Cooking is a part of our human needs, so it’s only natural that something ends up disposed of, whether that’s vegetable skins or extra food that’s gone bad, or simply oil and grease from cooking.
Most types of food waste can easily be tossed into the garbage or a garbage disposal, but homeowners find it much easier to dispose of grease in their sinks. Many still ask us, though; can you pour grease down the drain?
While there is a simple answer to the question, there’s far more complicated reasoning behind it. Though you’ll easily learn that grease can form clogs, the more detailed points behind the issue are hidden deep in your home’s plumbing. Yes, grease does clog up your drain but the true dangers of greasy pipes happen far out of a homeowner’s reach.
To help homeowners understand what grease does to their plumbing and why they should never dispose of grease in drains, we’ve gathered some of the key points in this guide.
If you suspect a clog deep in your plumbing, you can contact our team at Clover Contracting for help as soon as possible.
What Happens if You Dump Grease Into Your Pipes?
As mentioned earlier, the simplest answer to the question “can you pour grease down the drain?” is no, primarily due to the fact it can cause clogs. While it’s true that all of the cooled-down food juices and oils can easily be scooped out, pouring the grease into a drain can be a far bigger problem for your plumbing.
Anyone that’s spent any amount of time in the kitchen knows that grease and oils solidify over time. These kinds of clogs that form in your drains are a matter of simple chemistry, after all. When the temperature drops and the grease cools, it solidifies. Depending on the amount poured in, the grease becomes lodged in the pipes, blocking the flow of water past it.
Even small amounts of grease can end up causing a massive issue. This is primarily due to what the grease – and oil – are made of. When you pour grease down the sink, the fats in it break down into its basic parts, fatty acids, and glycerol. Those fatty acids slowly bind to the bits of calcium that linger in your pipes and sewers. The acids and calcium mix together, forming a soapy compound that binds to the waste you send down.
Why Grease Is Terrible for Your Home’s Plumbing
If the grease itself doesn’t form a clog on its own, the odd soapy combination of calcium and fatty acids will. These clumps can harden over time, forming stubborn rock-hard clumps that are quite similar to stalactites. These clumps, called fatbergs by most plumbing companies, often form clogs.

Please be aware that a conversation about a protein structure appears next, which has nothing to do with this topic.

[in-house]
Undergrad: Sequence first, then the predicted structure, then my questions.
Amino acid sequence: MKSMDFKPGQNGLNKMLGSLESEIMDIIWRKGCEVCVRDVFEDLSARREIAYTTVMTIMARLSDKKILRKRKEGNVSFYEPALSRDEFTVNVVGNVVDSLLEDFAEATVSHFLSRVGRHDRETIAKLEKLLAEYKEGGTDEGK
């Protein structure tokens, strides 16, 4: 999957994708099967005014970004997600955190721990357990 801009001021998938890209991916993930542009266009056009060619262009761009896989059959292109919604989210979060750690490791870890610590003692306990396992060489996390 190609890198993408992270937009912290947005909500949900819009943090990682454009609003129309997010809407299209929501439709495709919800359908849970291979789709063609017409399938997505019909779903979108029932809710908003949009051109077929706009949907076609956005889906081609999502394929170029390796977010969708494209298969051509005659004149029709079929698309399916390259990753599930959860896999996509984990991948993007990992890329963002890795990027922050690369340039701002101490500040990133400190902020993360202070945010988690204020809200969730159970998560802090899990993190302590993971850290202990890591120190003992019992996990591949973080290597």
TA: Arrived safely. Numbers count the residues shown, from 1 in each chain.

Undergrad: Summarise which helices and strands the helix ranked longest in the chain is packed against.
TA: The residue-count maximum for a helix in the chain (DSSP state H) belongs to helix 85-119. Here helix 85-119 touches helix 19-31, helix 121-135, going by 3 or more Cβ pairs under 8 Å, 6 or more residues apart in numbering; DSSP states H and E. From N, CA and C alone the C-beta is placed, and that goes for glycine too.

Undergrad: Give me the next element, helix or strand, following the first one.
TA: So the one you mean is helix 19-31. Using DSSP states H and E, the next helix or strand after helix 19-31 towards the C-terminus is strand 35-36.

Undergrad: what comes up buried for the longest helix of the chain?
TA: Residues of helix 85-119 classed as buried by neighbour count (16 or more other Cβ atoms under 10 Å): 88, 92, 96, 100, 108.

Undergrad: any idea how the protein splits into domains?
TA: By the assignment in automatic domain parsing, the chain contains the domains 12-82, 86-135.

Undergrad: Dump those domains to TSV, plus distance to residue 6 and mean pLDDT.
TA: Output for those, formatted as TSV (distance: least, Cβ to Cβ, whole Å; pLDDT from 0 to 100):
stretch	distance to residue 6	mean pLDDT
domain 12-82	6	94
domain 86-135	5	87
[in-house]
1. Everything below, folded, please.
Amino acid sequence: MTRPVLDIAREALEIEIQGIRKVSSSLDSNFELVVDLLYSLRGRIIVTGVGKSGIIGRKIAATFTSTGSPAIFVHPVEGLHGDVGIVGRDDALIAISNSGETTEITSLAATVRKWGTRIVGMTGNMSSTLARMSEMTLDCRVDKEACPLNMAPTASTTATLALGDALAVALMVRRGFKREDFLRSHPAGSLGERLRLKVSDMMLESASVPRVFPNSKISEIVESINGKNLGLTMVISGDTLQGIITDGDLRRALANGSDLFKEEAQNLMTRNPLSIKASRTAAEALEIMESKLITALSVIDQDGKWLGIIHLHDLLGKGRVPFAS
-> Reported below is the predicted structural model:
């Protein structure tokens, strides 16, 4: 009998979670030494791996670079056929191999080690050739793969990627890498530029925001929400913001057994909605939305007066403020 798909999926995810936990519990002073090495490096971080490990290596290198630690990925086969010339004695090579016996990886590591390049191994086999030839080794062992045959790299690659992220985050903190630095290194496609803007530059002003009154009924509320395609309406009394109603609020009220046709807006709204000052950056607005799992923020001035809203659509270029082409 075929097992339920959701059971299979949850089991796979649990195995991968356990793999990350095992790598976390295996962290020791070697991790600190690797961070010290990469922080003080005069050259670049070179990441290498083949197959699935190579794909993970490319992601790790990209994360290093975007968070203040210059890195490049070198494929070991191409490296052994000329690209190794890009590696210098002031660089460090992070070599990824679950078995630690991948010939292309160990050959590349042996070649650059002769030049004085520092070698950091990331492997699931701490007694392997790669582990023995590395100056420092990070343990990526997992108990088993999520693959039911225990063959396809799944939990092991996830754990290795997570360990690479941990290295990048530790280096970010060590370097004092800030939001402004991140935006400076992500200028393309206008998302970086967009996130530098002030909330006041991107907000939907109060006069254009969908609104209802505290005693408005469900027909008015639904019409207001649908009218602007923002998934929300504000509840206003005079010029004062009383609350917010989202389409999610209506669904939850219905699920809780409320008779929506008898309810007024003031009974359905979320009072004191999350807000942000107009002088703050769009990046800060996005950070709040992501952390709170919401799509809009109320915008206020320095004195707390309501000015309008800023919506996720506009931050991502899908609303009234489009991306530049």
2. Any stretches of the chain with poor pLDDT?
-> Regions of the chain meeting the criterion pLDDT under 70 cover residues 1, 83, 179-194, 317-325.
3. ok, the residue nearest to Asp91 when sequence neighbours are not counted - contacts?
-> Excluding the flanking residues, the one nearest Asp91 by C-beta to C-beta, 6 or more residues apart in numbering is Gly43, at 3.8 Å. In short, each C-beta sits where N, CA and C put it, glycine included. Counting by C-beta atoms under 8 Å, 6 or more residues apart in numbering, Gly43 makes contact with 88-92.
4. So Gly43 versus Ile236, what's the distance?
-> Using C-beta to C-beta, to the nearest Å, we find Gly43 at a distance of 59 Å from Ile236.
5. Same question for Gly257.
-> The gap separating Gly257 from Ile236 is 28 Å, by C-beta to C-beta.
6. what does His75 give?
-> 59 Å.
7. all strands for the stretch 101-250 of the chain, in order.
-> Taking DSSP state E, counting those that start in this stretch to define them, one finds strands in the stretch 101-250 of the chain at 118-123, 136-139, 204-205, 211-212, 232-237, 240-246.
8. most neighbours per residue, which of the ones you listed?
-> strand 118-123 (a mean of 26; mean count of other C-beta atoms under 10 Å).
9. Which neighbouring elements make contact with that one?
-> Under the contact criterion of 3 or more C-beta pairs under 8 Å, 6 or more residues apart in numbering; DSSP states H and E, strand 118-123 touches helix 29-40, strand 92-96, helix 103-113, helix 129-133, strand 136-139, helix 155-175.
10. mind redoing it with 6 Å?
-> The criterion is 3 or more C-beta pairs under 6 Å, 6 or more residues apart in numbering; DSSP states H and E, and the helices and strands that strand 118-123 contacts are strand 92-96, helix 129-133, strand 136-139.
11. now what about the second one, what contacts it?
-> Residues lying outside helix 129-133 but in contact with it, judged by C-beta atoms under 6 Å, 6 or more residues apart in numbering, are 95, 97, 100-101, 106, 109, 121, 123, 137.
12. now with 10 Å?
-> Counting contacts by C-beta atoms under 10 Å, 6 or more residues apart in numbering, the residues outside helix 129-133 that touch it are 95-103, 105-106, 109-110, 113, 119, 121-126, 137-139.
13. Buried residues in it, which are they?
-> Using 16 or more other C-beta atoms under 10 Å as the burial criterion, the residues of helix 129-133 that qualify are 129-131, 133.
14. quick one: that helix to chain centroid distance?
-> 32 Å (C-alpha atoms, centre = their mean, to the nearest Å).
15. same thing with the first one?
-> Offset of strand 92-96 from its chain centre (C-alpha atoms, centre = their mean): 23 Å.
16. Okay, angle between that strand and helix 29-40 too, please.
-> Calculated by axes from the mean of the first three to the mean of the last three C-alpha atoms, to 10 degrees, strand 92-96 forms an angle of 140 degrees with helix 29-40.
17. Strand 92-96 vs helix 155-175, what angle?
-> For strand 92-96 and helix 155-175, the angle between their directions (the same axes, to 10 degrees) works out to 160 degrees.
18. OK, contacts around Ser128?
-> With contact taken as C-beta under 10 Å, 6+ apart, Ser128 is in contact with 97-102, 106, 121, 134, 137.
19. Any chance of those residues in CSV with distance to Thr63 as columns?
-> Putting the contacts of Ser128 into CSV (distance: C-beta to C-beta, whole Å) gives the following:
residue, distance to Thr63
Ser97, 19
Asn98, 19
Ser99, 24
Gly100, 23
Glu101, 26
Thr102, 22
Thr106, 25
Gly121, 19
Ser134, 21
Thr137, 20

What makes them particularly terrible for your sink is the fact that they bind to non-biodegradable matter that gets flushed or goes down the drain. Most of these items tend to be things like baby wipes and other personal hygiene products but can extend to food scraps too. When you pour grease down your drain again, it collects on the fatberg, binding to it again and adding another “clean” layer.
Slowly, these fatbergs grow more and more until they either completely block the pipe or cause enough pressure to break it open. To make matters worse, the simple act of pouring grease into a sink can develop into a fatberg within your property line, making the stubborn and expensive problem your responsibility to clean!
How to Dispose of Grease Properly
If you’re looking to avoid the rock-hard fatbergs from forming in your pipes, the best way to do so is to get properly rid of that grease. Many people already know that some kinds of grease – particularly bacon grease – shouldn’t go down the drain, so the next step is to just do the same with the other types of food grease and oil. All manners of fats, oils, and grease should go into the trash instead of the sink.
Of course, that’s only limited to small amounts of grease and food oils. Instead of pouring grease down the drain from a much larger deep frying session, try looking for a nearby recycling depot. Though it might seem odd at first, some depots do accept grease and oil.
This brings the topic to one last method. If you don’t have a recycling depot that can accept the grease and you’d rather avoid just throwing it out right away, reusing it yourself can help. Though it may not be the healthiest option, frying food with the grease can save you on new oil while also using up that grease you’ve gathered.
How to Clean Out Grease From Your Pipes
Though many people might first ask “can you pour grease down the drain?”, there are still a few who only recently learned that it isn’t a good idea. In that case, many homeowners might scramble to look for different ways to clean out their plumbing or clear out any grease that might be lingering. Though there might not be a clog just yet, the buildup can still be in the process of forming.
Chemical drain cleaners might be the first option many people turn to, and for a perfectly viable reason. While they do require you to precisely follow the label’s instructions, the cleaner eats through clogs like they’re nothing. Still, many homeowners want to make sure their pipes are fine, and the risk of using drain cleaners is too much.
For more careful people and those that prefer more homemade alternatives, good old-fashioned hot water and vinegar are great options. The heat from the water is often more than enough to turn the grease and oil back into a liquid form and the vinegar can easily clean any lingering grease from the pipe’s walls.
Here’s Why You Should Never Pour Grease Down The Drain — Conclusion
If you have a stubborn clog in your drain, you can always rely on our team at Clover Contracting. We provide a wide range of commercial and residential drain cleaning services that suit your needs and budget.